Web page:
For me, that includes being thankful for having a loving family, a middle-class upbringing, never having had to worry about being discriminated against because of the color of my skin, a job I truly enjoy, the good fortune to have been able to afford college, and so much more.

GIF from Anna Akana/YouTube.

I understand that these factors aren't universal. I understand that some of these — like not having to worry about racism, for instance — have led to my life being a bit different than that of a woman of color. Acknowledging these differences is the first step to becoming a more empathetic person.

You can check out Anna's full video below. Best of luck in your quest to becoming a more empathetic human being!

Images courtesy of Letters of Love
True

When Grace Berbig was 7 years old, her mom was diagnosed with leukemia, a cancer of the body’s blood-forming tissues. Being so young, Grace didn’t know what cancer was or why her mother was suddenly living in the hospital. But she did know this: that while her mom was in the hospital, she would always be assured that her family was thinking of her, supporting her and loving her every step of her journey.

Nearly every day, Grace and her two younger sisters would hand-make cards and fill them with drawings and messages of love, which their mother would hang all over the walls of her hospital room. These cherished letters brought immeasurable peace and joy to their mom during her sickness. Sadly, when Grace was just 10 years old, her mother lost her battle with cancer.“

Image courtesy of Letters of Love

Losing my mom put the world in a completely different perspective for me,” Grace says. “I realized that you never know when someone could leave you, so you have to love the people you love with your whole heart, every day.”

Grace’s father was instrumental in helping in the healing process of his daughters. “I distinctly remember my dad constantly reminding my two little sisters, Bella and Sophie, and I that happiness is a choice, and it was now our job to turn this heartbreaking event in our life into something positive.”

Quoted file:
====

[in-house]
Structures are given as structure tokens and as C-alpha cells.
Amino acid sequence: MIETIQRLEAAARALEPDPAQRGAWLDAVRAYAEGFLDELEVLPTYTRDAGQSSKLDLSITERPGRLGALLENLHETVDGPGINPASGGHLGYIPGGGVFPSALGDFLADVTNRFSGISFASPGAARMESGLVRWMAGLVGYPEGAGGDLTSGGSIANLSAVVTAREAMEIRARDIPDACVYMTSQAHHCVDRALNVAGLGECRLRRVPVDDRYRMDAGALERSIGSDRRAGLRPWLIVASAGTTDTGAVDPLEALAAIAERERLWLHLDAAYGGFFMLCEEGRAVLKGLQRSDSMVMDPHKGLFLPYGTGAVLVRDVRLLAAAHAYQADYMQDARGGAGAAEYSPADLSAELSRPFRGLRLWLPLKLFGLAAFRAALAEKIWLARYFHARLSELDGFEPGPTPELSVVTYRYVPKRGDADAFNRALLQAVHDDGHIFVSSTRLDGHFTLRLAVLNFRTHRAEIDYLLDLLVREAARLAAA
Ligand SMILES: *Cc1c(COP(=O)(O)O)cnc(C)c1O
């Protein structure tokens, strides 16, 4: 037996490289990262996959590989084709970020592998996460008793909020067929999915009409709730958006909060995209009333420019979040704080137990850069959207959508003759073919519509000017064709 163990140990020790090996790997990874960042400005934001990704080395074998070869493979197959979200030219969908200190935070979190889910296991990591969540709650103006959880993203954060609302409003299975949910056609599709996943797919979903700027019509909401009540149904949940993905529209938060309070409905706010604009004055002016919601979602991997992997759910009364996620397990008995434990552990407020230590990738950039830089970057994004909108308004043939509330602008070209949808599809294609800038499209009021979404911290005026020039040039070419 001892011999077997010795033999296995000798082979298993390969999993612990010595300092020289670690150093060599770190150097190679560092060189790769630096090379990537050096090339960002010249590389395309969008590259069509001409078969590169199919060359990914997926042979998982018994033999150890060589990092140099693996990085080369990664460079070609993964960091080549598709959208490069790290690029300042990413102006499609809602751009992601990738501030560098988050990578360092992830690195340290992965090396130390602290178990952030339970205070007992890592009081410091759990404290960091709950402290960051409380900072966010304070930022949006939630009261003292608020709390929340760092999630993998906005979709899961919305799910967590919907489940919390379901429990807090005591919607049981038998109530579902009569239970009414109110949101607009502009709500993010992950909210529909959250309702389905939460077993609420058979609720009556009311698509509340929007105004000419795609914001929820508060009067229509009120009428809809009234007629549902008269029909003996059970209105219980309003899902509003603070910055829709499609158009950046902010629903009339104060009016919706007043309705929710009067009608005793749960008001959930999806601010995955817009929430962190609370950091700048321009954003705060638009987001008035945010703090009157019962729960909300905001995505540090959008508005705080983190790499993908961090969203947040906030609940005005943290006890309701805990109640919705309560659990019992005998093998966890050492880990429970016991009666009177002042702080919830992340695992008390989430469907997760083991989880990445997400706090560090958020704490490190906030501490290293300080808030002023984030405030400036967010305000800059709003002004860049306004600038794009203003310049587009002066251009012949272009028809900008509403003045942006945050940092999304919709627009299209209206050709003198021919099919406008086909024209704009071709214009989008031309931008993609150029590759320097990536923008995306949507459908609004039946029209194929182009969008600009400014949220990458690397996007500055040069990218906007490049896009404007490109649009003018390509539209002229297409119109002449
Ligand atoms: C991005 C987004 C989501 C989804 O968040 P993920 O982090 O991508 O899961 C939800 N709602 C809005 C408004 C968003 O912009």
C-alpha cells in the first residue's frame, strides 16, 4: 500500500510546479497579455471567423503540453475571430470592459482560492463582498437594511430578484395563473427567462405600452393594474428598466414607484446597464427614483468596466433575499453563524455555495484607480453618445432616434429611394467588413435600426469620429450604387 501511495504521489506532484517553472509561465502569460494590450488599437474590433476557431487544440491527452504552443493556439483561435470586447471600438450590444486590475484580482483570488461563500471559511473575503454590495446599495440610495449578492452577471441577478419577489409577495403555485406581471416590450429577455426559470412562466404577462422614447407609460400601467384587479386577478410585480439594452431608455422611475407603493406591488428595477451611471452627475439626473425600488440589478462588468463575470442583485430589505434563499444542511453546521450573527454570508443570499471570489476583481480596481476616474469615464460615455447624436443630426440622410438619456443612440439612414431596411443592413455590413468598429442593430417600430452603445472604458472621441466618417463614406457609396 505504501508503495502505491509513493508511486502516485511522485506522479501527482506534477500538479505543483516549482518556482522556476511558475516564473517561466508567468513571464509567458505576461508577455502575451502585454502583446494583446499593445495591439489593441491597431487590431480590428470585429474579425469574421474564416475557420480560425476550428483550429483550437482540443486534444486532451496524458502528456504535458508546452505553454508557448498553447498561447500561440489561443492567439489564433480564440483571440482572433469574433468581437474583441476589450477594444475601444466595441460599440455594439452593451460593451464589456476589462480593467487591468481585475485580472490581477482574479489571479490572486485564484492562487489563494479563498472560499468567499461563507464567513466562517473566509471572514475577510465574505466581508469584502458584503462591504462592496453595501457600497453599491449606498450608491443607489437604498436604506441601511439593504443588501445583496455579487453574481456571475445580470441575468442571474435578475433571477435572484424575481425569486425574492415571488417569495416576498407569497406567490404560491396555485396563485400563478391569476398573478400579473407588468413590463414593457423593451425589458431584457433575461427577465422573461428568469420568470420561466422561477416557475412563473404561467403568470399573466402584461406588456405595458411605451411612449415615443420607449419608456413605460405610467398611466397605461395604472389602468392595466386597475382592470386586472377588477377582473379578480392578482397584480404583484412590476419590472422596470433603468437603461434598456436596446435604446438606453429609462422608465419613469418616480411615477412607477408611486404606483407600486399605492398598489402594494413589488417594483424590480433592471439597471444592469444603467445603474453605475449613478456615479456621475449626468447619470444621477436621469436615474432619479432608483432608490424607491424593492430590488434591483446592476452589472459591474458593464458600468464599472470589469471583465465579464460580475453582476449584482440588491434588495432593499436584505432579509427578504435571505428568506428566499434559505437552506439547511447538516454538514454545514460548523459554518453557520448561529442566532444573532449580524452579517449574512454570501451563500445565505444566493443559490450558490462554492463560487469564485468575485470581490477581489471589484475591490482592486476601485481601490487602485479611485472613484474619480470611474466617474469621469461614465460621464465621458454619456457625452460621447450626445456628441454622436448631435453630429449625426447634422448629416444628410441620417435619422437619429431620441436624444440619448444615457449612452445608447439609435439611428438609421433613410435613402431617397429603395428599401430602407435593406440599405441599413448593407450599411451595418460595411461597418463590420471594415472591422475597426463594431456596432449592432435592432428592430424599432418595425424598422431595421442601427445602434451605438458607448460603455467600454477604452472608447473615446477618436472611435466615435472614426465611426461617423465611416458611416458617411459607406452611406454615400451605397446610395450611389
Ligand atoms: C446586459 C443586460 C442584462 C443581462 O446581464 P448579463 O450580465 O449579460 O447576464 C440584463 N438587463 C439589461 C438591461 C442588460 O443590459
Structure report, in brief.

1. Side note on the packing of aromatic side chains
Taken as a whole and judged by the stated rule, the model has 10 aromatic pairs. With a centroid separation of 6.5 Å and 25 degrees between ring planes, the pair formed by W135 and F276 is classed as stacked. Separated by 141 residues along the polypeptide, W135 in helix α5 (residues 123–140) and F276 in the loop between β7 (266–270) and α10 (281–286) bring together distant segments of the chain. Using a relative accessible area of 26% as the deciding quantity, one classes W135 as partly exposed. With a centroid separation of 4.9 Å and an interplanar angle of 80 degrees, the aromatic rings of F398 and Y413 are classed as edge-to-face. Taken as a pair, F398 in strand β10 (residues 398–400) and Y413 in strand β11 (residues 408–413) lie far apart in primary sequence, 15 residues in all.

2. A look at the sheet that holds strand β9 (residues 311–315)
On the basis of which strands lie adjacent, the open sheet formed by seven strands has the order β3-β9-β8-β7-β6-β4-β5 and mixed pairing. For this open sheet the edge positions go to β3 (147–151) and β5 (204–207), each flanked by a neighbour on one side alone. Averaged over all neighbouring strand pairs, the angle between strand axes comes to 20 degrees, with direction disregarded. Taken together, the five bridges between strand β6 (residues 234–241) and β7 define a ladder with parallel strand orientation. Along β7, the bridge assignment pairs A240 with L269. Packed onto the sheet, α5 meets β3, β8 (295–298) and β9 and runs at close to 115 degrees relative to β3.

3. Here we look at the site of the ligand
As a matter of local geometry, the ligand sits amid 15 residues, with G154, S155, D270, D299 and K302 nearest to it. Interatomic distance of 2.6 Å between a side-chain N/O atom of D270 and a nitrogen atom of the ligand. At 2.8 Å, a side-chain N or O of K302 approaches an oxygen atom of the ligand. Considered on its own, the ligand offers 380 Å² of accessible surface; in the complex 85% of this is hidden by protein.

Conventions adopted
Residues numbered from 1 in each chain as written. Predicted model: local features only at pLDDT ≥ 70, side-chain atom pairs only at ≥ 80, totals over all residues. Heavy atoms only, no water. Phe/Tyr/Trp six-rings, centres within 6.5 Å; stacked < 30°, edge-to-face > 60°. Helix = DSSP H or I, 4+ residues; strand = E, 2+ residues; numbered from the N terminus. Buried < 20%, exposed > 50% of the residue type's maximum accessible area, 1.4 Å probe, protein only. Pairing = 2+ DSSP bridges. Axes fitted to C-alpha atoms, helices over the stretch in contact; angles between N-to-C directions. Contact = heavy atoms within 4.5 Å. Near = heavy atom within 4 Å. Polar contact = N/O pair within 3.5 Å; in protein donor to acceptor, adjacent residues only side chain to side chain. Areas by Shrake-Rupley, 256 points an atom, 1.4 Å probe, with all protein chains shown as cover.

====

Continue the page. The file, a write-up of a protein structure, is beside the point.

When she got to high school, Grace became involved in the Leukemia & Lymphoma Society and a handful of other organizations. But she never felt like she was doing enough.

“I wanted to create an opportunity for people to help beyond donating money, and one that anyone could be a part of, no matter their financial status.”

In October 2018, Grace started Letters of Love, a club at her high school in Long Lake, Minnesota, to emotionally support children battling cancer and other serious illnesses through letter-writing and craft-making.


Image courtesy of Letters of Love

Much to her surprise, more than 100 students showed up for the first club meeting. From then on, Letters of Love grew so fast that during her senior year in high school, Grace had to start a GoFundMe to help cover the cost of card-making materials.

Speaking about her nonprofit today, Grace says, “I can’t find enough words to explain how blessed I feel to have this organization. Beyond the amount of kids and families we are able to support, it allows me to feel so much closer and more connected to my mom.”

Since its inception, Letters of Love has grown to more than 25 clubs with more than 1,000 members providing emotional support to more than 60,000 patients in children’s hospitals around the world. And in the process it has become a full-time job for Grace.

“I do everything from training volunteers and club ambassadors, paying bills, designing merchandise, preparing financial predictions and overviews, applying for grants, to going through each and every card ensuring they are appropriate to send out to hospitals.”

Image courtesy of Letters of Love

In addition to running Letters of Love, Grace and her small team must also contend with the emotions inherent in their line of work.

“There have been many, many tears cried,” she says. “Working to support children who are battling cancer and other serious and sometimes chronic illnesses can absolutely be extremely difficult mentally. I feel so blessed to be an organization that focuses solely on bringing joy to these children, though. We do everything we can to simply put a smile on their face, and ensure they know that they are so loved, so strong, and so supported by people all around the world.”